[3/4-Ton 7% Grade]
[1-Ton 7% Grade]
[Diesel v Gas Comparison
[3/4-Ton 15% Grade] [1-Ton
15% Grade] [Diesel v Gas
Comparison 15% Grade]
All Grades] [Summary]
Diesel Pickups - 15%
Grade w/10,500# Trailer:
witnessing the dramatic results of the 15% contest among the gas trucks,
we were even more interested to see what changes or stumbles might
await the diesels on this steep hill.
to space and readability considerations, the bar graphs
below only show the test results from 100-m to 250-m. See the table
at the bottom for full test results from 50-m to 250-m.
times and speeds measured are shown cumulative over the run.
the graphs below: the lower a truck's bar is, relative to the other
two trucks' bars, in the "Time Over 250-Meters" graph the
better it performed. The higher a truck's bar is, relative to the other
two trucks' bars, in the "Speed over 250-Meters" graph, the
better it performed.
shortest time required to cover the 250-meter distance determined the
best performing truck.
Diesel Pickups 15% Grade W/Trailer Summary
Dodge Ram 3500 Quad Cab 6.7-L I6 4x4 DRW 6-speed auto 4.10
Ford F-350 Super Duty Crew Cab 6.4-L V8 4x4 DRW 5-speed auto 3.73
Chevrolet Silverado 3500 Crew Cab 6.6-L V8 4x4 DRW 6-speed auto 3.73
|50-m / 164-ft
|100-m / 328-ft
|200-m / 984-ft
15% Grade Assessment:
we were directing marketing for GM, here's how we'd pitch its diesel
motor. D for Duramax. D for dominant. Check out the how fast the Chevy
finished the hill climb - more than 5-mph faster and over 2 seconds
quicker than either the Ford or Dodge haulers! This time it even beat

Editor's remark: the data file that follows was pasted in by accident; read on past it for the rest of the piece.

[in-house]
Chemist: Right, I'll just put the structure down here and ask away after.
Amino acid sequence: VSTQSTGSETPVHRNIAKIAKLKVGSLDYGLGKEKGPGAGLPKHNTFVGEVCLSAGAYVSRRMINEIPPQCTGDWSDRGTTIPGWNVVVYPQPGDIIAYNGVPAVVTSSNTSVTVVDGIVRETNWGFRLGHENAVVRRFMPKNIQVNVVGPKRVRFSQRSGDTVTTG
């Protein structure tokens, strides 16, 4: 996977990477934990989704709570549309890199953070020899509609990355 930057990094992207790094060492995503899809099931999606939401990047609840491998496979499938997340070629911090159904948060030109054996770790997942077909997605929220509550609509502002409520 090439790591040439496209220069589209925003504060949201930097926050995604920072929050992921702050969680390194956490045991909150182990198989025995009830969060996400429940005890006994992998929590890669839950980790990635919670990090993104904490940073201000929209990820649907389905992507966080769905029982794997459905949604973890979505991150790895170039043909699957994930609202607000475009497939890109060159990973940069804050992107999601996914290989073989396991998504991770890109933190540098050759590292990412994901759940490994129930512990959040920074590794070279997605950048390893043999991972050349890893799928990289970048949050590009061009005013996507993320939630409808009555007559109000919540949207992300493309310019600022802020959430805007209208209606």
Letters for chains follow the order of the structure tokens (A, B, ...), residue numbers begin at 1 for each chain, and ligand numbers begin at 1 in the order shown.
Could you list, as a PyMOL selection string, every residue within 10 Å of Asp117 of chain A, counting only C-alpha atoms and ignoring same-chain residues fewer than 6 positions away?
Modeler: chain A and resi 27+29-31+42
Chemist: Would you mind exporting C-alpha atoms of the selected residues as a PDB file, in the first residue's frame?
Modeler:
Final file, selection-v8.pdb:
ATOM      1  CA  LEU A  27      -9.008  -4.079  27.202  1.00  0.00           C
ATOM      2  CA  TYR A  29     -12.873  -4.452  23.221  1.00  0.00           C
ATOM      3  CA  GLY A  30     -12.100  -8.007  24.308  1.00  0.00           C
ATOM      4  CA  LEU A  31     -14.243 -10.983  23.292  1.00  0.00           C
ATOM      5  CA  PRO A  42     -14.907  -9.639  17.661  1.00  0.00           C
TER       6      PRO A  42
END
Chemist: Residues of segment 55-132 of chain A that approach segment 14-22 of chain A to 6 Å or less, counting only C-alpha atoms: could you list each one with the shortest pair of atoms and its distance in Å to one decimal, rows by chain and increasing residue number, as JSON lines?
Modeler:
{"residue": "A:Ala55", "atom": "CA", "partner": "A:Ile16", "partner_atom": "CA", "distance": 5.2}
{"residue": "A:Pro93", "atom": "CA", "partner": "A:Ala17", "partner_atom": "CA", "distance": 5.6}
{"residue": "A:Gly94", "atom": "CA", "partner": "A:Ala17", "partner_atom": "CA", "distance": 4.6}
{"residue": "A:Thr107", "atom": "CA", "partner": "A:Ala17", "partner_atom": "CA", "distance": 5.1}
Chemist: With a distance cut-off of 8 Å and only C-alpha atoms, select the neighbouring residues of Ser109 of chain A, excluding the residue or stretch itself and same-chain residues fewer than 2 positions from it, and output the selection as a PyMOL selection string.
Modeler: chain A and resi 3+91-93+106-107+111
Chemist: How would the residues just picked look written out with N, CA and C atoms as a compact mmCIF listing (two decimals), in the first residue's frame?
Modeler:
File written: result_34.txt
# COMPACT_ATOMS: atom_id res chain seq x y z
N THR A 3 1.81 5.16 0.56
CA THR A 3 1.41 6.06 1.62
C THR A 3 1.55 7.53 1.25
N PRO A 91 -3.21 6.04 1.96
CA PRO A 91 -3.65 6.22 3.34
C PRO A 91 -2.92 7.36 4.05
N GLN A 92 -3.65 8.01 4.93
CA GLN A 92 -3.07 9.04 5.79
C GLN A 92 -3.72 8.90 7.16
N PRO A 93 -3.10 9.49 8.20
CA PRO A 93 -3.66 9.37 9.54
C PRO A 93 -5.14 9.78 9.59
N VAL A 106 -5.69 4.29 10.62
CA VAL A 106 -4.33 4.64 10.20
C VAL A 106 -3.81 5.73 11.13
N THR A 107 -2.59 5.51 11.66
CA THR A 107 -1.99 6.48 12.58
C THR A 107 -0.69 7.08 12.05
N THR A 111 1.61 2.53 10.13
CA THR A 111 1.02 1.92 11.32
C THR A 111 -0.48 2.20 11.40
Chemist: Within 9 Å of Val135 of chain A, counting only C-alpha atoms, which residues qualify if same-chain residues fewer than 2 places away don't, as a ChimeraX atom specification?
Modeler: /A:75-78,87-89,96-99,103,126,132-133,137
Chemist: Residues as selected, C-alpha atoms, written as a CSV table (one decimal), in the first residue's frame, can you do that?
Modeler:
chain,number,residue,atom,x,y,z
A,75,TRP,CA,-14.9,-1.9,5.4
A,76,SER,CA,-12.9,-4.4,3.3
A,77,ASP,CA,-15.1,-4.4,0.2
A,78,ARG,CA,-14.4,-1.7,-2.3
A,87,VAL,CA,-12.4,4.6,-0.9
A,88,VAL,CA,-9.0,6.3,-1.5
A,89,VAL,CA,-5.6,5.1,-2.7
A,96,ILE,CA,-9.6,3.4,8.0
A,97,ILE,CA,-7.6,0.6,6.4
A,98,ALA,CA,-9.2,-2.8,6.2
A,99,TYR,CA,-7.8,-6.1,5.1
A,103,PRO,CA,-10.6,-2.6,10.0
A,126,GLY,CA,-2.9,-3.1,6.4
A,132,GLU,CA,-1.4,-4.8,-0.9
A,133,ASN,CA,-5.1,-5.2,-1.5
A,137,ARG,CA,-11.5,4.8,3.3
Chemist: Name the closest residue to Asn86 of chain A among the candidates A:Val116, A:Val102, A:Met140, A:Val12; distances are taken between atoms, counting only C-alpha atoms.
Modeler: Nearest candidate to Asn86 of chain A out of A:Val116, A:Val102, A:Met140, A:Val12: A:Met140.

the Cummins in the first 50-meters.
the Power Stroke was still slower than the Cummins to the top, the
gap between those two engines narrowed substantially on the 15% grade,
in favor of the Ford. If the F-350 and Ram 3500 both had 3.73 rear
gear ratios, instead of the Ram's 4.10, we think the F-350 almost
certainly would have moved into the second spot.
there was an incredibly interesting reason why the performance
gap between the F-350 and Ram 3500 seemed to close so much. After
two sprints up the hill, the F-350's diesel particulate filter (DPF)
went into regeneration mode. The DPF is a new emissions control device
required to reduce diesel particulate emissions 10-fold from 2006 model
year levels. Regeneration is triggered when the truck senses too much
back pressure from the DPF, because of a large amount of trapped particulates.
To get rid of the soot, the engine injects metered amounts of diesel
fuel into the exhaust stream to incinerate the soot in the filter.
third run, after regenerating, the F-350 ran the hill up to a full
2-kilometers-per-hour (1.2-miles-per-hour) faster than its first two
were very surprised by the apparent power boost the Power Stroke received
from regeneration. It illustrated just how much the new DPFs can restrict
airflow through the exhaust system, and the challenge faced by
all the OEMs to improve engine performance while complying with new
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